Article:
The epigenetics of people who use exclusively use vape pens versus cigarettes has been examined for the first time. Key epigenetic modifications were identified that were shared between vapers and smokers that are a hallmark of lung cancer.
Vaping which has been generally marketed as a less dangerous alternative to smoking, has become increasingly popular in the last few years. Some health experts argue that the popularity of the habit has additionally attracted uptake of non-cigarette smokers. As the dangers of smoking are universally apparent the explosion of vaping or electronic cigarettes (e-cigs) has arguably guaranteed their acceptance as the lesser of two evils, without rigorous scrutiny of their long-term effects. Recently, reports of vaping-related deaths and severe lung injuries in the US have become more common, leading to the long-term effects of e-cigs undergoing investigation.
Researchers publishing in the journal Epigenetics examined the DNA methylation levels of blood cells of extensively matched groups of vapers, smokers, and controls to discover if any genes were differentially expressed. By focussing on LINE-1 repeat elements (Long Interspersed Nuclear Elements) the global methylation state of the whole genome could be quickly inferred. Both vapers and smokers showed a significant loss of methylation at these LINE-1 elements compared to controls.
LINE-1 repeat elements constitute 6,000 bp sequences scattered throughout our DNA, or 17% of the human genome. These elements are heavily methylated to keep them inactive, as active LINEs may interrupt protein expression due to their ability to ‘jump’ and copy themselves into other regions of DNA. High activity of LINEs and increased insertion rates are a characteristic of many cancers, including lung cancer.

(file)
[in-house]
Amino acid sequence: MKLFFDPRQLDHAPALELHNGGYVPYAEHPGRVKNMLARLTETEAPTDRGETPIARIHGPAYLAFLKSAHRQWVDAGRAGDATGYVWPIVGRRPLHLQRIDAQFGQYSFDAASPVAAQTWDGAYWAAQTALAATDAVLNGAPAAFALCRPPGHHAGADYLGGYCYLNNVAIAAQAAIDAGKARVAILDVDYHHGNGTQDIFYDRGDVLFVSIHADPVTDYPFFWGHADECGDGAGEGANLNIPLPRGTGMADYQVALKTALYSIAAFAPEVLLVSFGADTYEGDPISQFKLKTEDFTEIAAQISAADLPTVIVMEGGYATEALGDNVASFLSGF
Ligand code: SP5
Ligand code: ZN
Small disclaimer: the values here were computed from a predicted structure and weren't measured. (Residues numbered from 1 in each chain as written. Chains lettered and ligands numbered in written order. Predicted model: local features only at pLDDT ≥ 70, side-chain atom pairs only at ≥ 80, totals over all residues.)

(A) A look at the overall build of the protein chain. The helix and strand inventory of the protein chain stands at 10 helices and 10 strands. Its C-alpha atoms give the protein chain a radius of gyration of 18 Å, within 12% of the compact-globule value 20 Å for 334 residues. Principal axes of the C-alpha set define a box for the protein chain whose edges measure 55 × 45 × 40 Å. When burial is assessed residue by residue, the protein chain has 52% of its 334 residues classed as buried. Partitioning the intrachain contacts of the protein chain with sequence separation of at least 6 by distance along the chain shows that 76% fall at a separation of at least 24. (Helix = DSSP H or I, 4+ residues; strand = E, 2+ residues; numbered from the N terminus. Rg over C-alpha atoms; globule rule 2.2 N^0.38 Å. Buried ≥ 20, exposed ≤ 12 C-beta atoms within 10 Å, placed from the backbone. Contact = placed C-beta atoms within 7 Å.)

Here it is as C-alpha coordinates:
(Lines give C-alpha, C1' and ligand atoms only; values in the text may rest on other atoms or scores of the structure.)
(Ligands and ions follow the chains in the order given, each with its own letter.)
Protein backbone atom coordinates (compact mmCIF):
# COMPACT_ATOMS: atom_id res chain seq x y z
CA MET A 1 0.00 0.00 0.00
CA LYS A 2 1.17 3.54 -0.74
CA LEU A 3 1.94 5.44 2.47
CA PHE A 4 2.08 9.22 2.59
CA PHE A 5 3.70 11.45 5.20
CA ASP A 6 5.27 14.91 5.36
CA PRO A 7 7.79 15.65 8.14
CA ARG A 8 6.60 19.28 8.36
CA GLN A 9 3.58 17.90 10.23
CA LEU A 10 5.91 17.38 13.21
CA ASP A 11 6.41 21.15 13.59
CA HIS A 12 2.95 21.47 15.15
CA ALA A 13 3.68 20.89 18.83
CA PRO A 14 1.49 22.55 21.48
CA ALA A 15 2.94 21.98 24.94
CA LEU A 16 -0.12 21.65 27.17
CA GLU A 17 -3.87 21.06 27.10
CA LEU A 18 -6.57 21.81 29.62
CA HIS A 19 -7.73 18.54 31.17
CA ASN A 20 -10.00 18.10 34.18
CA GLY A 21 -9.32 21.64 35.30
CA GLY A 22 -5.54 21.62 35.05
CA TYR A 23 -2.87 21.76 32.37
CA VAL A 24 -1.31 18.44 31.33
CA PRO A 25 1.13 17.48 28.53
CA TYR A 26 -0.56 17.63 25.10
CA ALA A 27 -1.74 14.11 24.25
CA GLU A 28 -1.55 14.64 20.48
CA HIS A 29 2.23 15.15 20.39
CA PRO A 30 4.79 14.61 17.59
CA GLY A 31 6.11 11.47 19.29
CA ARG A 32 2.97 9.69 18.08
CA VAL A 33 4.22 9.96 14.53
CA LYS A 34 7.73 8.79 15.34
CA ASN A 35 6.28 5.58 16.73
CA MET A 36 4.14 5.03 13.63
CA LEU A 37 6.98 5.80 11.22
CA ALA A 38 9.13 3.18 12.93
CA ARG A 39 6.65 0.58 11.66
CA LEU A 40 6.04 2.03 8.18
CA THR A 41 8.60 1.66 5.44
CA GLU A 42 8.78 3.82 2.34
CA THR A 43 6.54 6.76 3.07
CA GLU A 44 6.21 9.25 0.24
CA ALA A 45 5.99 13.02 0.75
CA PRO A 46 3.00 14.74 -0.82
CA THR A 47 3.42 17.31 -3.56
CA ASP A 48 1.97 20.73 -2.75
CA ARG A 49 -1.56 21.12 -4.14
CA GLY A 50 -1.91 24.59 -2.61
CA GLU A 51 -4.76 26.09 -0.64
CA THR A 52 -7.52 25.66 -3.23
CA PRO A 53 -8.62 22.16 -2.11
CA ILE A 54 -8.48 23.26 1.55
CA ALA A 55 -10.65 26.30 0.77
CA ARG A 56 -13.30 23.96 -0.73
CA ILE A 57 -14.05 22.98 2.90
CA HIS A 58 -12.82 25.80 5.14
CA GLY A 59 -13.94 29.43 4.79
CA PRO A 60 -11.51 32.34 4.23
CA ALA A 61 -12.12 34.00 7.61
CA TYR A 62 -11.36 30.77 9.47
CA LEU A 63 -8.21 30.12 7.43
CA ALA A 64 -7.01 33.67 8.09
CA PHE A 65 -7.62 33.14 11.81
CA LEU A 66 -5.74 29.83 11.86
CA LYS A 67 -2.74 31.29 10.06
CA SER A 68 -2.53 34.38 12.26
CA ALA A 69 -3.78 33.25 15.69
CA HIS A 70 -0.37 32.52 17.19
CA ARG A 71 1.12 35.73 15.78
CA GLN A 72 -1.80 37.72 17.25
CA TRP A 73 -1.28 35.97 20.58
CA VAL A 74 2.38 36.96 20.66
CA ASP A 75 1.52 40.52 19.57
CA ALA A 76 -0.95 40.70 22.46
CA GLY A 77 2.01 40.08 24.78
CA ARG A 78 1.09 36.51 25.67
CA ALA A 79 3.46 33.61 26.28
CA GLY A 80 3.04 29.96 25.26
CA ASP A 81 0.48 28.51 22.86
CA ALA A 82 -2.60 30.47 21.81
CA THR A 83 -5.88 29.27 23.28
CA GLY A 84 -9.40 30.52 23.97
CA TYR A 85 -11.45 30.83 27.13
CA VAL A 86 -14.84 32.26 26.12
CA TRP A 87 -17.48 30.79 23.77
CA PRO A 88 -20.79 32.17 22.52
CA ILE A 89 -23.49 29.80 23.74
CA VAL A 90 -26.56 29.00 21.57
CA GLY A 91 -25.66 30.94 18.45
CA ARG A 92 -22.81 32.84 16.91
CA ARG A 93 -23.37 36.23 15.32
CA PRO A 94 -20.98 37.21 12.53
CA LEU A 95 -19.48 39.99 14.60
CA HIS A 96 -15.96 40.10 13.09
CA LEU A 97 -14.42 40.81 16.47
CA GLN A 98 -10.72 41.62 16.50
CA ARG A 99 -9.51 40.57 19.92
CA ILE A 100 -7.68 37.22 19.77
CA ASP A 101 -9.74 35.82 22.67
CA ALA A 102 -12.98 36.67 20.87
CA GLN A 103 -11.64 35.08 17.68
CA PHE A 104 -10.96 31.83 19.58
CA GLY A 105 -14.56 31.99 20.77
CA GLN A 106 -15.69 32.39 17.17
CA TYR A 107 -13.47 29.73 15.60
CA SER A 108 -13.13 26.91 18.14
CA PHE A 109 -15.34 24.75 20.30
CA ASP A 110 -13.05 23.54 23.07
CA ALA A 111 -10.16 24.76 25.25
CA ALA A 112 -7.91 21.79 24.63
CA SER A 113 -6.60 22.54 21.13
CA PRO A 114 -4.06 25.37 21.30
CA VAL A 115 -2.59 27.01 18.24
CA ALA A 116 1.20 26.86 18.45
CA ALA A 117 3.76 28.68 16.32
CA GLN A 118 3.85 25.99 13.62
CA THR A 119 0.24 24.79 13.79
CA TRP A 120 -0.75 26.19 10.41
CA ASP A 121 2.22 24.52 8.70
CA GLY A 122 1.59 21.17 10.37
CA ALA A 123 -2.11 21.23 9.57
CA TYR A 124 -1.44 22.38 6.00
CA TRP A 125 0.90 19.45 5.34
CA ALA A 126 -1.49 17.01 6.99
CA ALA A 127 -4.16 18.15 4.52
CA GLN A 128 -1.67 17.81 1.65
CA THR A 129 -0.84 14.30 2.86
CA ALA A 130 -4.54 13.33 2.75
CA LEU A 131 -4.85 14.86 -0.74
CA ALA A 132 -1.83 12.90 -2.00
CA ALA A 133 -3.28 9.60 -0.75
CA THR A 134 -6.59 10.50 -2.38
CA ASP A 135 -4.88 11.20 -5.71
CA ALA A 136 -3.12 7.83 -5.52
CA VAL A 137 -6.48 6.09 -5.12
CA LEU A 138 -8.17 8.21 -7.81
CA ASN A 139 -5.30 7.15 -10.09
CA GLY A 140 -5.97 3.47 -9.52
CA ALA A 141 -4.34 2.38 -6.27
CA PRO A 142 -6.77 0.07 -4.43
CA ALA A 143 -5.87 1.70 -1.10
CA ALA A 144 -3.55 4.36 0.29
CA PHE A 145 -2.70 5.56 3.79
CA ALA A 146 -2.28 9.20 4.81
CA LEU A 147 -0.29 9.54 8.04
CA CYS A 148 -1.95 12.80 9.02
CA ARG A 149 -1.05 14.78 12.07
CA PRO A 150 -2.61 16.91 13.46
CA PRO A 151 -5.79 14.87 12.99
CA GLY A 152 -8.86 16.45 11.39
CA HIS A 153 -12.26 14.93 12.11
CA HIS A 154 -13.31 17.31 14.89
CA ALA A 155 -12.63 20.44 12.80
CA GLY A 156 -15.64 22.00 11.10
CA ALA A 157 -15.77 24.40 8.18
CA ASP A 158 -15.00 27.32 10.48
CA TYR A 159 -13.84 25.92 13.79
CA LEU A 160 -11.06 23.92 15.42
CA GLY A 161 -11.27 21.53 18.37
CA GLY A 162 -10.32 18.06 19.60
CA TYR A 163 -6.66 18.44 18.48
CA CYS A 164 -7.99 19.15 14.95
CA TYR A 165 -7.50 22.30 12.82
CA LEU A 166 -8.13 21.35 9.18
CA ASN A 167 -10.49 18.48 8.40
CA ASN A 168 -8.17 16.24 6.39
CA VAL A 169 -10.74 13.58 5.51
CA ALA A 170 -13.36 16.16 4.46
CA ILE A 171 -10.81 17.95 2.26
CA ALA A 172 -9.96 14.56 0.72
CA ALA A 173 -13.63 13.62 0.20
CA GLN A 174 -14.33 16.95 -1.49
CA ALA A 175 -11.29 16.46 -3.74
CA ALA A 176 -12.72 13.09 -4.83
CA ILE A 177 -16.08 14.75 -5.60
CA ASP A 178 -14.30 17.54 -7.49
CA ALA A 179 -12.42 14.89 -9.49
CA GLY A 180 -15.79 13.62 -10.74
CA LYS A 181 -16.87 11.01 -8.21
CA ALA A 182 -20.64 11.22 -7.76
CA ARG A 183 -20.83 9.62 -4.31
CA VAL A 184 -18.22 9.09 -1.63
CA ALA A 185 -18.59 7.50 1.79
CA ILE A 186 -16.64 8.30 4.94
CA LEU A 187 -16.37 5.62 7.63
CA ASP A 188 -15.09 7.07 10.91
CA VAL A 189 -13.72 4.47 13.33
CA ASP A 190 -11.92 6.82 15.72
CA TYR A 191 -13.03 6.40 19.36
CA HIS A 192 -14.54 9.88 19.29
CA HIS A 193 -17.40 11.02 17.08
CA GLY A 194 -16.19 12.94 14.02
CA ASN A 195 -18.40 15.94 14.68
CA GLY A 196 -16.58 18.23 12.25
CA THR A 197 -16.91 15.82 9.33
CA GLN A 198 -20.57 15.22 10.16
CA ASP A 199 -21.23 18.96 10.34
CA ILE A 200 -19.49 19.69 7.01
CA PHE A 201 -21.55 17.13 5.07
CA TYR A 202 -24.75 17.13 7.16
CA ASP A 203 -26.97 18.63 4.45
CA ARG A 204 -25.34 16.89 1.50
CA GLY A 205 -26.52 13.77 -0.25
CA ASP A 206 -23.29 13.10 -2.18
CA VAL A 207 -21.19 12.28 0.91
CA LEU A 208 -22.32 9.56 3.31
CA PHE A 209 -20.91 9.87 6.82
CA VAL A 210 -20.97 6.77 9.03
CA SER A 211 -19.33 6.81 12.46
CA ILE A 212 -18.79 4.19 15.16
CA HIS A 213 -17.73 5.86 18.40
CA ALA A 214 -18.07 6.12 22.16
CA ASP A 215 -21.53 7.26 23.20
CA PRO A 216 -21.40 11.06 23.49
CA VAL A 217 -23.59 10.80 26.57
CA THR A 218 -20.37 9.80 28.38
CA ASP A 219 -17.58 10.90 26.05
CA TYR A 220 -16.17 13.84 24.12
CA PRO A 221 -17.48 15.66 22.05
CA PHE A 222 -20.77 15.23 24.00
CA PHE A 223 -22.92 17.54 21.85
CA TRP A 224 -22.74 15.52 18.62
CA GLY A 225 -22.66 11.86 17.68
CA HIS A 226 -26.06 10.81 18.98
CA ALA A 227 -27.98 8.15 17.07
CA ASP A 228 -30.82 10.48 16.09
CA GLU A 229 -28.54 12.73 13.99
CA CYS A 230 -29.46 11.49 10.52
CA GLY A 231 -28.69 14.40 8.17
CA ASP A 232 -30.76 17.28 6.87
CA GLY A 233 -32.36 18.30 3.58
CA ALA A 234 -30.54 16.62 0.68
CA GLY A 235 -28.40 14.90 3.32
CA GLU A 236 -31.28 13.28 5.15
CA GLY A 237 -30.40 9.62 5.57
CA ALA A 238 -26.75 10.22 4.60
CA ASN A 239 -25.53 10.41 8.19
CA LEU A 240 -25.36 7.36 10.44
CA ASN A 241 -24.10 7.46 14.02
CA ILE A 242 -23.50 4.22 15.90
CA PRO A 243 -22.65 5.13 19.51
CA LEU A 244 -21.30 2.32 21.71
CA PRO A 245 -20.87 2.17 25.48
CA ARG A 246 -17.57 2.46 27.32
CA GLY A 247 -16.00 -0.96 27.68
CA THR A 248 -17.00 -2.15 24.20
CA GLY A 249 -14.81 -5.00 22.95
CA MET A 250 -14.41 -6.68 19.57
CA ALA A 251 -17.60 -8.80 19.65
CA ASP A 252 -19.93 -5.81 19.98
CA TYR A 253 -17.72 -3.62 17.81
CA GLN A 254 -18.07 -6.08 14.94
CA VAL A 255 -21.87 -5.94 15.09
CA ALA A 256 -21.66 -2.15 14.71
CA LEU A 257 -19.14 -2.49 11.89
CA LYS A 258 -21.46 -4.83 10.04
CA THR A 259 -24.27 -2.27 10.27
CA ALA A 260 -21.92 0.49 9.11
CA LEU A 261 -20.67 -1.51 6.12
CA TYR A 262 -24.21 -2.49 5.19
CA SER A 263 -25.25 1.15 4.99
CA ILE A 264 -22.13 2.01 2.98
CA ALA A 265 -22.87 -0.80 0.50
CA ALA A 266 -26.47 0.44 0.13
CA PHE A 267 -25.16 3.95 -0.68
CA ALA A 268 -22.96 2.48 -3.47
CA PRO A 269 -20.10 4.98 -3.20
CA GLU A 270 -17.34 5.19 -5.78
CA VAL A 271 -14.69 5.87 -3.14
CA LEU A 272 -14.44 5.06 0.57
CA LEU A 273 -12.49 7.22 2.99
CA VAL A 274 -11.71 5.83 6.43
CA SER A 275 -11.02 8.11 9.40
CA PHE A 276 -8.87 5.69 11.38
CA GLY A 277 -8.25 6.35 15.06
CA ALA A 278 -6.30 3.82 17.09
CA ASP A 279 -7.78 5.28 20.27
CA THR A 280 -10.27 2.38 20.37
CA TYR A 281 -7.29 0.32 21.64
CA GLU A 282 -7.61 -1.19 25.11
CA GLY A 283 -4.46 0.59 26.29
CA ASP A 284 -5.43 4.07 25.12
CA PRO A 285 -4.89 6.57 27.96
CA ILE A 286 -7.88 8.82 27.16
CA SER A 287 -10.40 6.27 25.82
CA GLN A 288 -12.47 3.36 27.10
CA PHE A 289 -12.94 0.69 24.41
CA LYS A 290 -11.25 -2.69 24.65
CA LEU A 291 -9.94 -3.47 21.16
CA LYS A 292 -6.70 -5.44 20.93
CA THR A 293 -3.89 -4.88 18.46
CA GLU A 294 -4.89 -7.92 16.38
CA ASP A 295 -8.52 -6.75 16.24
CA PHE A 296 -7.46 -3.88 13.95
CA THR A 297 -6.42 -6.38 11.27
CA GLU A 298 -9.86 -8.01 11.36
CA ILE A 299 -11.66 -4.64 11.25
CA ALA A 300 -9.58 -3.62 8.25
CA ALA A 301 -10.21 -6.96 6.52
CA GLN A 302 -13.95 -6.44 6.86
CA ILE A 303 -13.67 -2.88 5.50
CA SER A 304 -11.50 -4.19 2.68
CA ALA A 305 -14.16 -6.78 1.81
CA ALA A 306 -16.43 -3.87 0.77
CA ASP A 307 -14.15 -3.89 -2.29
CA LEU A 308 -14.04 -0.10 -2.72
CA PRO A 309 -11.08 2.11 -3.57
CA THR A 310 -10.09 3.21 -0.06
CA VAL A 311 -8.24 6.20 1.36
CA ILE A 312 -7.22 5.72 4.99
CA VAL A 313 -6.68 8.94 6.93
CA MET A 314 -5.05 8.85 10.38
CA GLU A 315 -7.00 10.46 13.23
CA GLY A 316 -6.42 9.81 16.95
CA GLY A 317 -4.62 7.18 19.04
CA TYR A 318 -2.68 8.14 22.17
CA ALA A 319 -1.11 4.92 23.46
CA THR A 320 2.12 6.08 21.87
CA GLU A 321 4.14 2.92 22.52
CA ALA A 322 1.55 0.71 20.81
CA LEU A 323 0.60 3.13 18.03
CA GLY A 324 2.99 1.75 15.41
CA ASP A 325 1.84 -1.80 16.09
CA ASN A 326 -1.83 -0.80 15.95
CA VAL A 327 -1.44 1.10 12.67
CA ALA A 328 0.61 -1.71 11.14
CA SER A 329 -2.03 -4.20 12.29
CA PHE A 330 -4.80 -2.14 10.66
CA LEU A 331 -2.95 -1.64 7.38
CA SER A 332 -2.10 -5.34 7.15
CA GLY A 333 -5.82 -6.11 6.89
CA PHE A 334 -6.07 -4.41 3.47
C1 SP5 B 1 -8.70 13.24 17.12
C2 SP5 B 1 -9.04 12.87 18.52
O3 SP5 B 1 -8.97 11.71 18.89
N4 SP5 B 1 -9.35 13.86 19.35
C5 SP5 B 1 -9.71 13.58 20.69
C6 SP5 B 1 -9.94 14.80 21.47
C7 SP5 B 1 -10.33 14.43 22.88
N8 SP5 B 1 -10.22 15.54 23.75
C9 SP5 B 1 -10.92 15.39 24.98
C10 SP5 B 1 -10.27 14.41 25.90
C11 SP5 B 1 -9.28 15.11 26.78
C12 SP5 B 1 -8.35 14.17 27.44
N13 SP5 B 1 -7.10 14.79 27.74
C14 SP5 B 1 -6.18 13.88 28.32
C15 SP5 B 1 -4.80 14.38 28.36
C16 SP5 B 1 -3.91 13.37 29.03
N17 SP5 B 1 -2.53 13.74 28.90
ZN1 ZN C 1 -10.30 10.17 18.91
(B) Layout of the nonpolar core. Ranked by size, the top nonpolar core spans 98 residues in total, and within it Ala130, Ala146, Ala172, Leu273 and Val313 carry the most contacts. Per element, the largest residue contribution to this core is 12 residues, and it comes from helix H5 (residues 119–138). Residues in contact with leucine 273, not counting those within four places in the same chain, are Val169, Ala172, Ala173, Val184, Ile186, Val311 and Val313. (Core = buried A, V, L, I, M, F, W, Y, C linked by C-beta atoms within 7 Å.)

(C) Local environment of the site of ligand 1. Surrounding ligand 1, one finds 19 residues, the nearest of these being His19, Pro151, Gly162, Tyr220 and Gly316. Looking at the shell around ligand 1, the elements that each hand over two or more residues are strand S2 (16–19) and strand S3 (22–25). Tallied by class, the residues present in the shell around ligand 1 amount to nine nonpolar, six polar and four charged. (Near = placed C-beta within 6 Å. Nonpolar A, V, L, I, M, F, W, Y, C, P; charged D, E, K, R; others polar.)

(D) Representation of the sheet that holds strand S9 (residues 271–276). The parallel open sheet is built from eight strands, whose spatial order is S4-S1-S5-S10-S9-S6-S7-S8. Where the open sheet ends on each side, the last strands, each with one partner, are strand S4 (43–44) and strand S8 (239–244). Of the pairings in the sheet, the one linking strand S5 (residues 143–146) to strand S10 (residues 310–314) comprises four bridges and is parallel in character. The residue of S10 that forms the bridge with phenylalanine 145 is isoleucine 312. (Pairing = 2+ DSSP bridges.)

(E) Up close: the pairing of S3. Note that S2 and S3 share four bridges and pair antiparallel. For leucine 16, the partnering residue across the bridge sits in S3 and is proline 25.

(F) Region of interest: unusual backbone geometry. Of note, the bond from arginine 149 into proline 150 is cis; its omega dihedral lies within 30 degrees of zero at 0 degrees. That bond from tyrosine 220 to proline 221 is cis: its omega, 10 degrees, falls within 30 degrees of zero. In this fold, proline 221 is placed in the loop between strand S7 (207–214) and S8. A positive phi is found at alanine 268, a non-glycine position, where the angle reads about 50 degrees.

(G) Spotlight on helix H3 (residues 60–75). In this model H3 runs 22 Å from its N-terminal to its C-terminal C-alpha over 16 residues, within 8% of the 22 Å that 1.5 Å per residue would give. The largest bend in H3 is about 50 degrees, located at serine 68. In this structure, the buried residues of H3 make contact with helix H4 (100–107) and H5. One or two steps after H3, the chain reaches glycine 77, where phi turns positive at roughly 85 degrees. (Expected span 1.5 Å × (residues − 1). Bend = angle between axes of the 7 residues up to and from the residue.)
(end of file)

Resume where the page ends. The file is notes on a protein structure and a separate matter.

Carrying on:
The decrease in methylation levels of LINE-1 elements in vapers and smokers points to a shared effect on health – debasing the perception of vaping as a ‘healthier’ alternative to traditional tobacco smoking. Although this research does have limitations due to the small sample size of 45 participants, which the researchers do point out, the findings should be considered seriously with follow-up genome-wide studies in larger populations.
This research encourages us to take a step back and thoroughly investigate the epigenetic and genetic effects to conclusively identify the potential risks, or most optimistically benefits, of vaping versus smoking.